5 Tips to Plan a Fantastic Summer Retreat

Whether your team is large or small, your team’s cohesiveness has a big impact on your bottom line. Refocusing team goals and cementing the internal relations that make your business run smoothly ought to be one of your company’s priorities. How valuable are a great product and booming sales climate without happy and engaged staff?

Team-building retreats are a great (and tax-deductible*) way to create esprit de corp with staff. Boards also can benefit from retreats for both strategic planning and bonding for better consensus. Early spring is the right time to make plans for your summer retreat.

Here are 5 easy tips to make sure your retreat is effective and focused:


1. Set priorities based on measurable goals.

For a couple of good reasons, your outcomes need to be measurable and attainable.  According to Brigadebookkeeping.com,  

“Statistics show team building events help boost employee morale, foster company loyalty and help employees work better together. If you host a company retreat with the goal of staff training, rather than entertaining, the IRS may allow you to deduct it. When planning your event, make sure to create company goals for your team and write down an agenda of events to not only share with your team, but to show the IRS if necessary.”

In addition to the tax incentive, your benchmark goals can be used throughout the year to remind and refocus team members on shared values and goals. The attention paid to staff morale also makes a great recruiting tool.

2. Choose your date carefully.

It might best to close the shop for a day and hold your retreat during regular business hours. Your payroll will not be affected by an evening or weekend addition of hours and employees will get an extra boost from being both at work and having fun at the same time. Try to be cognizant of holidays, dates when staff members might have time off already scheduled or dates when team members have standing family obligations. Based on the size of your company, you may want to do an informal poll to gather date consensus and set the date before planning begins. 

3. Choose an activity that everyone is able to participate in.

The zipline excursion sounds like a blast but will every staff member be able to participate? Pick an activity that 100% of your staff can participate in and gain value from. Depending on the diverse demographics of your staff, you may need to find a venue which offers more than one option for activities and bring the group together after separate challenges. 

 

 

4. Provide a problem-solving challenge.

Facing adversity together and finding ways in which each participant’s particular skills can help solve a problem builds camaraderie. Mystery rooms, puzzles, and scavenger hunts with complex clues can be fun for teams that solve complex problems every day. These exercises can emphasize the importance of the chain of information that makes work functions flow efficiently every day at the office.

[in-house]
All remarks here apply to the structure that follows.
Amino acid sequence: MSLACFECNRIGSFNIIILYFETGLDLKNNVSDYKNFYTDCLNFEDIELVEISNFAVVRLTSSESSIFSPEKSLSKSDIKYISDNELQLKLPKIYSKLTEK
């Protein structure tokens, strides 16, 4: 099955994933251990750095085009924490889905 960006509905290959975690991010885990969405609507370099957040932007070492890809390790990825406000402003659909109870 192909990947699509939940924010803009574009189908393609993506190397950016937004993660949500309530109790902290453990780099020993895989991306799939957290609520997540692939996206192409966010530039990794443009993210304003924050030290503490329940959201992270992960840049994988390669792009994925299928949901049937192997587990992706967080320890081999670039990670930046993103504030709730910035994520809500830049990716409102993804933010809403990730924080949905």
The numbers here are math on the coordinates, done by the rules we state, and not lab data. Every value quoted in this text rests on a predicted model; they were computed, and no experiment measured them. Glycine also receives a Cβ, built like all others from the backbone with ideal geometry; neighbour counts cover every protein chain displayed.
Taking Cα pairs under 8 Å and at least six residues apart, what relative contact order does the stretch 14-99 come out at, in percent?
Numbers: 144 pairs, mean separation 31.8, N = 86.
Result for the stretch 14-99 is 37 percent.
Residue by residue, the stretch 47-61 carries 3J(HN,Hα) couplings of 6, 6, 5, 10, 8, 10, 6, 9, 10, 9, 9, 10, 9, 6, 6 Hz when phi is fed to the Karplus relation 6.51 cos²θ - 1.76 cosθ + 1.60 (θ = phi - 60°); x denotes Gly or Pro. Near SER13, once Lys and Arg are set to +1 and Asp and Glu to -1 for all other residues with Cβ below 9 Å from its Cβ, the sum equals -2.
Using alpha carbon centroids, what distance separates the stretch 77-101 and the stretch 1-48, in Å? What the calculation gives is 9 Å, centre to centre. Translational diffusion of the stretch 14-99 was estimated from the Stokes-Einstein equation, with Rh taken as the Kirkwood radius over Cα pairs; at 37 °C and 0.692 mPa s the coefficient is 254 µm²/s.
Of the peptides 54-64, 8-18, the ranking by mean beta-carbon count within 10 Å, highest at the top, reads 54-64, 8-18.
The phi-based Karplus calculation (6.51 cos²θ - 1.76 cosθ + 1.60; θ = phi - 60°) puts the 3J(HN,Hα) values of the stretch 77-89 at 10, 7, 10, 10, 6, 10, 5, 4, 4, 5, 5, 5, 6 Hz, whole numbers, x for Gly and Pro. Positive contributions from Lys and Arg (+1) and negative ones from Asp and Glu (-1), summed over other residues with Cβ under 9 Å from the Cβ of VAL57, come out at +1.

Physical challenges are particularly good for groups of all types because the association that team members form between problem-solving and kinetic activity cements that perception. Some physical challenges require a variety of different skill sets in order to solve a physical puzzle. Be sure to include everyone no matter their level of ability.

5. Hire an outside coordinator to manage your event.

The planning of most internal events (where companies do not have a dedicated event manager) fall on the shoulders of one or more staff members. There are several reasons this practice is detrimental, especially for team-building events. First, a professional contractor will have the expertise to find the ideal location and services to make your event enjoyable, affordable and effective. Second, objectivity is critical to producing a team-building event based on your objectives; any staff member will bring assumptions and pre-conceived notions to the planning process. Finally, in the execution of the day’s events, it is important that each and every staff member participate in and enjoy the day’s activities. The planner staff member won’t be able to engage if he or she is managing the logistics of the event itself.

Do not delay. If your company’s team is in need of some TLC and bonding time, add this essential element to your plans right away. Venues book early! Your staff and your bottom line will thank you!

IMAGE: www.pexels.com

*consult a tax professional

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